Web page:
Turkey Bush

Calytrix exstipulata

 

Photograph copyright © 2004 Kevin L. Blazé

Turkey Bush
Calytrix exstipulata

In the Kakadu region, the appearance of flowers on the Turkey Bush around May signals the end of the season of Banggereng and the beginning of Yegge. The flowering is spectacular, masking the insignificant leaves and giving the plants an overall pink appearance until about August (although, in other parts of northern Australia, it flowers earlier and later in the year).

It grows in dense groups, attaining heights of 2-4m, and providing a vivid splash of colour in the woodlands and margins of grasslands in which it occurs.

It is found from the Gulf Country of Queensland, through the tropical Northern Territory to the Kimberley in Western Australia. Although fairly uniform in its characteristics throughout most of its range, the Kimberley plants are more variable in their floral structure and leaf arrangement which might indicate that these are different (and new) species of Calytrix.

It is thought that the Turkey Bush is so named because the Plains Turkey (Ardeotis australis) would seek refuge amongst its foliage when pursued by hunters. The Turkey Bush is also a favoured shade-plant of wallabies.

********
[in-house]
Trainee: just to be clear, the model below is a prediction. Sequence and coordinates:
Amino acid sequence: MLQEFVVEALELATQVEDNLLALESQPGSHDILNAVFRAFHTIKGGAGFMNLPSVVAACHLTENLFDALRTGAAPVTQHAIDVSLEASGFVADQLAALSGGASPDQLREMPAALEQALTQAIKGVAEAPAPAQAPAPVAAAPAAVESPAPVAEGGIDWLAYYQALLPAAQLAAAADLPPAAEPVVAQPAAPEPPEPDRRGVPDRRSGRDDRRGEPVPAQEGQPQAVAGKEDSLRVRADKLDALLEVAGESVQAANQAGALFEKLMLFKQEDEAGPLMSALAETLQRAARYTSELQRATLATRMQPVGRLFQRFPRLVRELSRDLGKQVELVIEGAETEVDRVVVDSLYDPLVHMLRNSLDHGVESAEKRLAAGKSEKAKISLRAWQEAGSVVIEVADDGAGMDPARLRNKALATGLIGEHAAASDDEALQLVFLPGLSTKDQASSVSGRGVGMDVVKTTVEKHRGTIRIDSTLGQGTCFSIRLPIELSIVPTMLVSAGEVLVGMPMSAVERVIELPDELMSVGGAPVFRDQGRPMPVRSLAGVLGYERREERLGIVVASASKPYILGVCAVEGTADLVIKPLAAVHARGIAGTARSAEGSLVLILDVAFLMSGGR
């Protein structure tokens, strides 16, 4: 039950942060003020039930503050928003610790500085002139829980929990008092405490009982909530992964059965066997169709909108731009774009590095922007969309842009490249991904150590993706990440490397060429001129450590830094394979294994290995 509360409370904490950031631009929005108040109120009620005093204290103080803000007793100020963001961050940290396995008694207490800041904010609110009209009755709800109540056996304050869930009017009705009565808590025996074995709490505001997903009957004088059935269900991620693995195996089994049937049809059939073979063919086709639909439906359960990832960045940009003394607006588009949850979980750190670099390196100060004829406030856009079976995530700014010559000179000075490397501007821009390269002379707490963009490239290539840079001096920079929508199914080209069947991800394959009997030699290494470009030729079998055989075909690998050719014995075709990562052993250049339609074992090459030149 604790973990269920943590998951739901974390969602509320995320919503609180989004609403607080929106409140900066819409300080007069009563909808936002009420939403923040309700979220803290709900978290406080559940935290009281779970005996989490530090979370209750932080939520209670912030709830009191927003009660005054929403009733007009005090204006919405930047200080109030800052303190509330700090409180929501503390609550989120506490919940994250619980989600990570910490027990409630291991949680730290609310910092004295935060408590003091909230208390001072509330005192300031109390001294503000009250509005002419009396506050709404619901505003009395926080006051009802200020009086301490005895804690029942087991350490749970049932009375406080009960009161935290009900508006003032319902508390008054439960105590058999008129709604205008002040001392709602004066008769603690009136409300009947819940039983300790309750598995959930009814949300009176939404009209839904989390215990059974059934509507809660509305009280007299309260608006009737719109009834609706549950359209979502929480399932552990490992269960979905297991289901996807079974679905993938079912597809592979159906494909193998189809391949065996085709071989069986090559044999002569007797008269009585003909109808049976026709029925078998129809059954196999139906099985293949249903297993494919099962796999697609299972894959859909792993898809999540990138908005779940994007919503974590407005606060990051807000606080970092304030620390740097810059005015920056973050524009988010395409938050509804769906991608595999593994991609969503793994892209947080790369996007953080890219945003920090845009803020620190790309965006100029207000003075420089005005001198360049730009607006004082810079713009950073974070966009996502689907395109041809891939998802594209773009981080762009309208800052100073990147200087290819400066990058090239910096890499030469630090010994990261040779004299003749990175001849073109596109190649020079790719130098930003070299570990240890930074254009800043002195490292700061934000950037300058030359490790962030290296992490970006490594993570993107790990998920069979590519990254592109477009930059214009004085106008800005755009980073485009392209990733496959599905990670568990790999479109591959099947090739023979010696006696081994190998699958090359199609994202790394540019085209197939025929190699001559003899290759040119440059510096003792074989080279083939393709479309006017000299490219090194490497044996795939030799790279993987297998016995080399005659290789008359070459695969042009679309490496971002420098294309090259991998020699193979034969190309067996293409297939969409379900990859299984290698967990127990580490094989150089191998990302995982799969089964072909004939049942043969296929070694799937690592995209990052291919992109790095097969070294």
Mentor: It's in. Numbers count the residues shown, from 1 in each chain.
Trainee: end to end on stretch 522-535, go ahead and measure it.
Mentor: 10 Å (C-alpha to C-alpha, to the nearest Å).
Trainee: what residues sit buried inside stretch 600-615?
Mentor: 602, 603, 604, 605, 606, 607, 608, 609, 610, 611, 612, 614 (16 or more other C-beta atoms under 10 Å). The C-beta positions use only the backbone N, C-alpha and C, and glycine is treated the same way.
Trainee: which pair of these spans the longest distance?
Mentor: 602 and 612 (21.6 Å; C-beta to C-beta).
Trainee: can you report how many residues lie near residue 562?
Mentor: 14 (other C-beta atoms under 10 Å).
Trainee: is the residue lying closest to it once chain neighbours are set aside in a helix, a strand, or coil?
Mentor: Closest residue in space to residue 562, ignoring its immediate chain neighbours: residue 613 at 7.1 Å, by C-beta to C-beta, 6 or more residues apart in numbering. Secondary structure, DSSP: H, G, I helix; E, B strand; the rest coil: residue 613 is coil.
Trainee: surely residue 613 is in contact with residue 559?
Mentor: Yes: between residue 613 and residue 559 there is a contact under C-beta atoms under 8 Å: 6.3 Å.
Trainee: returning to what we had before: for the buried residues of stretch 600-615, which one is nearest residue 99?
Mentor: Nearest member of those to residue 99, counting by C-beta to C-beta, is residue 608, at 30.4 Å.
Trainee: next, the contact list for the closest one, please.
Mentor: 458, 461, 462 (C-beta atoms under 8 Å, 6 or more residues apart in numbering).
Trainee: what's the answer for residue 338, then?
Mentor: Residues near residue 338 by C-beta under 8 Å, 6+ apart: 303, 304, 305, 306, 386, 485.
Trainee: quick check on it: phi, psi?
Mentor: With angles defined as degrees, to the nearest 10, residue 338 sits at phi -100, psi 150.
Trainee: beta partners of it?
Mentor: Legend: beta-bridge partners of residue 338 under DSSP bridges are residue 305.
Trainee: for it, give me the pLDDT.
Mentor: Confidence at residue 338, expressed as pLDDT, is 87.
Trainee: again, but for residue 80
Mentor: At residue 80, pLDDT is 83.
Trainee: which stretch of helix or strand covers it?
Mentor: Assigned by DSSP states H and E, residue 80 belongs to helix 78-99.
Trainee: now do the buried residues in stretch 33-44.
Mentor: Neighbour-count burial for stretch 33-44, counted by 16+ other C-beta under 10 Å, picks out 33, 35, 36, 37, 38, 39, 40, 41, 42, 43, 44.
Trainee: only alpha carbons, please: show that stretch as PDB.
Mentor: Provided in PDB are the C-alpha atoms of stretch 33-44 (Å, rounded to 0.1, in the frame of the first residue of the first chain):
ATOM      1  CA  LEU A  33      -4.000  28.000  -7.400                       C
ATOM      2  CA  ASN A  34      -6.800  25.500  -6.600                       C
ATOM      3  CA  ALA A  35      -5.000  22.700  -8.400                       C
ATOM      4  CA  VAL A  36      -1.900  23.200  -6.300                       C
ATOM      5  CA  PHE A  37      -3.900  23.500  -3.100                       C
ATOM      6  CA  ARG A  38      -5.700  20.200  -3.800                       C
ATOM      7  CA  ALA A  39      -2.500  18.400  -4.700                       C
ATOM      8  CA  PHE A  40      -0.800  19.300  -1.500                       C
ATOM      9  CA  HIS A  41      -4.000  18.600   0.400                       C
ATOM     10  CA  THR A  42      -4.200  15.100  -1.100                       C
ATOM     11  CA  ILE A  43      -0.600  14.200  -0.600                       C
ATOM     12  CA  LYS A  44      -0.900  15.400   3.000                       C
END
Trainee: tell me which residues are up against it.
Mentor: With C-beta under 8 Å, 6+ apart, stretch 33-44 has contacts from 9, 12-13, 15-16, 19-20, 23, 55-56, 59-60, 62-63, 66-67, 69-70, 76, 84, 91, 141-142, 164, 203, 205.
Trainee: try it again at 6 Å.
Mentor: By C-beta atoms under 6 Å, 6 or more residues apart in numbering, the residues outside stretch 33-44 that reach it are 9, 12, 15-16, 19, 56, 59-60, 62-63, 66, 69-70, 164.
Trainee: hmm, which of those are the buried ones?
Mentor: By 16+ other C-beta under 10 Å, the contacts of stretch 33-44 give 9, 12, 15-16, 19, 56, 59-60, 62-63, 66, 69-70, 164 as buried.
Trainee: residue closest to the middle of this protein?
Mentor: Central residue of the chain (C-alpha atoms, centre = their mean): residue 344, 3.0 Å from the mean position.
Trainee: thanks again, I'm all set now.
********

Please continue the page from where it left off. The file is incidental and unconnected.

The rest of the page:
When the flower is developing (before the long purplish petals spread open), it is protected by a structure called the 'calyx'. The calyx has long, stiff hairs that are almost as long as the petals. After the petals fall, the pink-red calyx remains. It was for this special calyx that the genus, Calytrix, was named by the French botanist, Jacques Labillardière, referring to the hairs ('thrix' in Greek) on the calyx. Calytrix is found only in Australia with most of its 70 or so species occurring in Western Australia. It belongs to the family Myrtaceae, which includes the eucalypts, bottlebrushes and paperbarks. Like other members of that family, the leaves of Calytrix exstipulata contains oil with therapeutic properties. Indigenous people use the plant for pain-relief. Commercial producers of the oil say that it enhances creativity.

Although C. exstipulata makes a great garden plant requiring little attention, the only species that is used widely in gardens is Calytrix tetragona, which occurs naturally in southern Australia, from Western Australia through to southern Queensland.


Thanks to Dr Richard Noske (Charles Darwin University) and David Grice (CSIRO) for information on the Plains Turkey.
Text copyright © 2004 Kevin L. Blazé
Links (will open in a new window)  
Lyn Craven (Australian National Herbarium) has written extensively on Calytrix. References are on his web pages.  
Growing Calytrix by Gwyn Clarke.  
The history of the naming of the plant can be found via the Australian Plant Name Index.  
Information on the Plains Turkey (also known as the Australian Bustard) (400KB PDF).